Richard Wilson Looks at our Railways and Says . . .

by Jeremy on 21-Mar-2011

In yesterday’s Sunday Times, Giles Hattersley gave a preview of the Channel 4 programme Dispatches which is being broadcast today (Monday 21 March) at eight o’clock.  In his article, Hattersley refers to overblown fares, commuters crushed like cattle, constant delays and poor levels of comfort.  The problems highlighted in the programme are, he says, ” as damning as they are expected” despite Britain’s having the highest fares in Europe.

Dispatches is presented this time by much loved actor Richard Wilson who encounters the depressing realities of travelling on Britain’s railway system.  Many of his experiences will be all too familiar to rail commuters and other regular rail users, but Wilson was particularly shocked by the difference between north and south.  He is seen in a carriage with no heat or light “plunged into inky darkness every time the train enters a tunnel”.  He comments, “They’re terrible and they’ve no new stock due”.

Help could come soon for the north, though, as the new National Rail chief executive, David Higgins, is keen to give top priority to the Northern Hub plan, Network Rail’s vision to revolutionise trans-Pennine rail with high-speed, non-stop services connecting the big cities across the North.  For an estimated cost of £0.5billion this plan would provide 700 extra services a day and quicker more frequent services for Newcastle, Liverpool, Manchester, Leeds and Sheffield.  It would allow faster line speeds, reducing journey times.  New track would give greater timetable flexibility, allowing fast trains to overtake and run at speed while still providing space on the network for vital local stopping services and freight.  Combined with another comparatively inexpensive Network Rail plan to upgrade the West Coast Main Line, this huge increase in connectivity would help generate real economic growth in and around those cities.  Together, they could aspire to become genuinely competitive with London.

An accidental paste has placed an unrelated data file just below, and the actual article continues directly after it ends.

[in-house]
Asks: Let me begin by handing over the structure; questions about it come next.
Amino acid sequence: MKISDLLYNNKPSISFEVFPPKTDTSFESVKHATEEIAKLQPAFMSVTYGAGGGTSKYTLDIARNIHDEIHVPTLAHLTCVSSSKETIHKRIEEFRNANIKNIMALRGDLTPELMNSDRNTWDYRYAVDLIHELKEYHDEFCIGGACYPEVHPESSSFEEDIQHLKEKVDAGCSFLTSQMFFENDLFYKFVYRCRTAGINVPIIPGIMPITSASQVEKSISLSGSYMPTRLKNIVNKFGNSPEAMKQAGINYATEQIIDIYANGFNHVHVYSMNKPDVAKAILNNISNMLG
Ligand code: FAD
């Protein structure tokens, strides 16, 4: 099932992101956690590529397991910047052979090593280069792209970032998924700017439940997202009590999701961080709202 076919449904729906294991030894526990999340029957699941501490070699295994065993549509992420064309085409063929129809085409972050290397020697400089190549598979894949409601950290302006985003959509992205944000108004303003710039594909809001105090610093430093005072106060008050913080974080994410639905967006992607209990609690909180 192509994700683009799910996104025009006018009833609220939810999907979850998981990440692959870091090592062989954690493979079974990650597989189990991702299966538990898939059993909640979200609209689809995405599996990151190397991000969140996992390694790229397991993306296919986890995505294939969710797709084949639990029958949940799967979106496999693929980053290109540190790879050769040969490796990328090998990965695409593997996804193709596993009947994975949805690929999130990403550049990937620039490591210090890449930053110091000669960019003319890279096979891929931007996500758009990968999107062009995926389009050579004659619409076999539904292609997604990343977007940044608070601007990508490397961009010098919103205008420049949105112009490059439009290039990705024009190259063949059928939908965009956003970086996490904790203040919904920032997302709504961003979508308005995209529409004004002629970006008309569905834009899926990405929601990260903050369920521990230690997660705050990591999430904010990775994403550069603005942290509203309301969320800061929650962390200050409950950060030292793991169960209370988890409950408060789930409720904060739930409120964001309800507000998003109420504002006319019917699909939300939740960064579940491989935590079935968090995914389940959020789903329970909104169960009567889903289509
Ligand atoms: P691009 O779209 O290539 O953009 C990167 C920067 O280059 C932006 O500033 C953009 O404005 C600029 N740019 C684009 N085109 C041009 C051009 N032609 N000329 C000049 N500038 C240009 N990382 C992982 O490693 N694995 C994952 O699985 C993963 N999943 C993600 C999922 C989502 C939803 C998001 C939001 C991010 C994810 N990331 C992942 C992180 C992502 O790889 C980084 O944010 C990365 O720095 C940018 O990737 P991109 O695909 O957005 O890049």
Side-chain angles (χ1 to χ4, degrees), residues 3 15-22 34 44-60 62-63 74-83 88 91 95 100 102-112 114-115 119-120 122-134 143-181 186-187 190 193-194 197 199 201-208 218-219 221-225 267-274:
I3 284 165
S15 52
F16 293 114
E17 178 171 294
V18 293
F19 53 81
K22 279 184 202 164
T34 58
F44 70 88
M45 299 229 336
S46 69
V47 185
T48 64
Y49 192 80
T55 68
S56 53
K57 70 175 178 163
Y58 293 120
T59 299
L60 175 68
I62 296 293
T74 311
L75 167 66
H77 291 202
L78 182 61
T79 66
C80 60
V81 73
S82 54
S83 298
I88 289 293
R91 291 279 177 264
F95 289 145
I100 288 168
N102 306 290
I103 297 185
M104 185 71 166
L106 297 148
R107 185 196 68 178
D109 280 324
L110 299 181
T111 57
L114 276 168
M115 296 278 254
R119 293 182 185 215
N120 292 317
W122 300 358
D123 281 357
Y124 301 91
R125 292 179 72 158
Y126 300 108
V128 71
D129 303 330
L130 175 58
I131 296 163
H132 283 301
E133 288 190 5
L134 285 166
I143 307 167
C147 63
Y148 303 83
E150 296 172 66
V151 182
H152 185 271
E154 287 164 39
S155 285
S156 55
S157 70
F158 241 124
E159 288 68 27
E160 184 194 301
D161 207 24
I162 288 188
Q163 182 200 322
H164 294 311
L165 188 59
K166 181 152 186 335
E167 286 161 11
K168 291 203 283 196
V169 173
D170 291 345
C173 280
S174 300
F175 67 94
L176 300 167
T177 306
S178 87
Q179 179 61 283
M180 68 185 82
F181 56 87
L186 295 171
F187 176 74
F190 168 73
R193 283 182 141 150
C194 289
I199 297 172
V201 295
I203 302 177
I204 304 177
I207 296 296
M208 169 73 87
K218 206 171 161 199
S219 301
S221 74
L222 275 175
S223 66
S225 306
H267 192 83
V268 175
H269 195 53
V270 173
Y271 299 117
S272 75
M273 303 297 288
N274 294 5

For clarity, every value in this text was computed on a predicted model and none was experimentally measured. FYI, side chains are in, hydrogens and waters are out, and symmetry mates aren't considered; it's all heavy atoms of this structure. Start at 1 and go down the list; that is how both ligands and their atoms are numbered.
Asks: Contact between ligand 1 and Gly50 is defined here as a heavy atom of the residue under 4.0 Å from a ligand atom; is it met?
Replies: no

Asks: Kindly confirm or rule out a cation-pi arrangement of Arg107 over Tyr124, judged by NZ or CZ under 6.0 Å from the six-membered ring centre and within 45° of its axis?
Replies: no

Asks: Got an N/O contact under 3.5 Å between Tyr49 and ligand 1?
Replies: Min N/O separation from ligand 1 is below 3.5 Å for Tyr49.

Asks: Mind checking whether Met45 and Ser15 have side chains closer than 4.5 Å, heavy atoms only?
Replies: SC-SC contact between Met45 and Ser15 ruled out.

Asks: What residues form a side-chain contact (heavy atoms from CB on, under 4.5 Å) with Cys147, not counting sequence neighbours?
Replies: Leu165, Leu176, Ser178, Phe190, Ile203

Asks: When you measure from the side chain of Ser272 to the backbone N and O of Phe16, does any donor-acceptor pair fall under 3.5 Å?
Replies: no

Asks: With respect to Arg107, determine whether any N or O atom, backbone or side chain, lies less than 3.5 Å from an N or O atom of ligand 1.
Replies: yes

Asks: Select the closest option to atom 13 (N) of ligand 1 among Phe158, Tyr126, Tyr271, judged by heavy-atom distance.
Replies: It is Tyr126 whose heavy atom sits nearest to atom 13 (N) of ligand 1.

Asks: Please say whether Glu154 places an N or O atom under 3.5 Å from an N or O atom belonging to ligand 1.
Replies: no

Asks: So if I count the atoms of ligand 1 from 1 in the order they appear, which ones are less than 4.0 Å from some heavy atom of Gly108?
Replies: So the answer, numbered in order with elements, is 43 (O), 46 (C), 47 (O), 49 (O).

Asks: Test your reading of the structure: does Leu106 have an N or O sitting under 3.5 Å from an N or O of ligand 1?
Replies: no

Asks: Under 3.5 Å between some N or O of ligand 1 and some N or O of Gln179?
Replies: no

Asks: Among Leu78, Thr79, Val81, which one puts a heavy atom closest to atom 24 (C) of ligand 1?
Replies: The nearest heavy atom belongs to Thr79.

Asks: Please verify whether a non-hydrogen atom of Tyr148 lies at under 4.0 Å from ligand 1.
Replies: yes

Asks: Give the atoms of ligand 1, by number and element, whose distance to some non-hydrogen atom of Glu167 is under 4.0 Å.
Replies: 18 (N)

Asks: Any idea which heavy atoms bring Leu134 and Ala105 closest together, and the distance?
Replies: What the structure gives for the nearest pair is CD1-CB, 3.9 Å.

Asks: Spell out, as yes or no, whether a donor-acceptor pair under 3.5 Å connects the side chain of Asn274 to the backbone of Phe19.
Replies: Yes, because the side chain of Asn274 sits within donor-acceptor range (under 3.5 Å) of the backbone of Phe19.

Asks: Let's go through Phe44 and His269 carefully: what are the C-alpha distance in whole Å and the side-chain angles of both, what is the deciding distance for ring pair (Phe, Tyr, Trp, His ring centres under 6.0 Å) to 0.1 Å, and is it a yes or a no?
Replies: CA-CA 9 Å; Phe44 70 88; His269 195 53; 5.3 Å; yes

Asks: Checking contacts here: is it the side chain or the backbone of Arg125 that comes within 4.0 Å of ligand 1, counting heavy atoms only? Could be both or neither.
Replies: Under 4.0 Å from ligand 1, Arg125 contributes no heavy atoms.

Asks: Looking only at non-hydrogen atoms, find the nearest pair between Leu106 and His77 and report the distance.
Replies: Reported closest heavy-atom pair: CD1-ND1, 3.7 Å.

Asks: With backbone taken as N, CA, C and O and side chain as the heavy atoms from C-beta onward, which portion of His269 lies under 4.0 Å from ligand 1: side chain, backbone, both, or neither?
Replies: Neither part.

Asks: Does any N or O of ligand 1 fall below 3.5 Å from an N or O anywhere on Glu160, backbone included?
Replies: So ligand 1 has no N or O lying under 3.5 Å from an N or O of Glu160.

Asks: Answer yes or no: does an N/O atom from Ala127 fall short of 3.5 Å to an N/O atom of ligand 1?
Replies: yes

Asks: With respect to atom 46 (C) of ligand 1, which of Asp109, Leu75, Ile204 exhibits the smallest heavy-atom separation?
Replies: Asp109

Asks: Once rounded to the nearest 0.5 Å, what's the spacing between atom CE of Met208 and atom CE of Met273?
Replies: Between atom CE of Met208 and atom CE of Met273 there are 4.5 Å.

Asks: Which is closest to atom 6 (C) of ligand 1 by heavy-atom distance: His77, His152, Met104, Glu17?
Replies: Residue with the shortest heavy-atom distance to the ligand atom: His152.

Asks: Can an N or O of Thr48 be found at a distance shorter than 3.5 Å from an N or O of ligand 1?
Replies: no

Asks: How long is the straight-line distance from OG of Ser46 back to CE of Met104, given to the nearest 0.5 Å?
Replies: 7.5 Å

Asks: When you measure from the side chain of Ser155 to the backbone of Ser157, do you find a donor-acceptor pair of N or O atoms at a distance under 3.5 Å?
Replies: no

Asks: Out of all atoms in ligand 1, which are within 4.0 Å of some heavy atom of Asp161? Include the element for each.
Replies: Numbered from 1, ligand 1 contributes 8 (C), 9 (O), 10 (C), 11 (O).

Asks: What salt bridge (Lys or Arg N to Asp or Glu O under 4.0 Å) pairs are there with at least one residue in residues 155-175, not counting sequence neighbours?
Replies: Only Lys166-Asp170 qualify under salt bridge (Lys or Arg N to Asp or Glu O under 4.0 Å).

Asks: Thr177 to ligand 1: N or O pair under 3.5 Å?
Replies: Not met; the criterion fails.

There is a possible fly in the ointment, though.  In the summer of 2010 Phillip Hammond, the Transport Secretary, publicly stated that there would only ever be one economic hub in Britain and that was London.  Around the same time he tasked Sir Roy McNulty with identifying ways to get better value for money from rail, and McNulty’s report is being published next month.  McNulty was asked to focus on eight important broad themes, one of which was “innovation, standards and safety”. 

Coincidentally, perhaps, the word “innovation” has been used by Hammond with reference to HS2 and his obsession with that project is very well known.  Since assuming his current role he has been doing everything in his power to ensure that HS2, a vastly expensive but inferior project, gets the go-ahead. 

HS2 phase 1 links just Birmingham and London at an estimated gigantic cost of about £17billion, which is a great deal more that the amount Hammond has set aside for improving the rest of Britain’s rail system.  His entire focus looks likely to remain on this showpiece instead of on providing Britain with the modernised rail system it deserves.  If Hammond has his way we will all be stuck with the creaking system so eloquently exposed by Richard Wilson.

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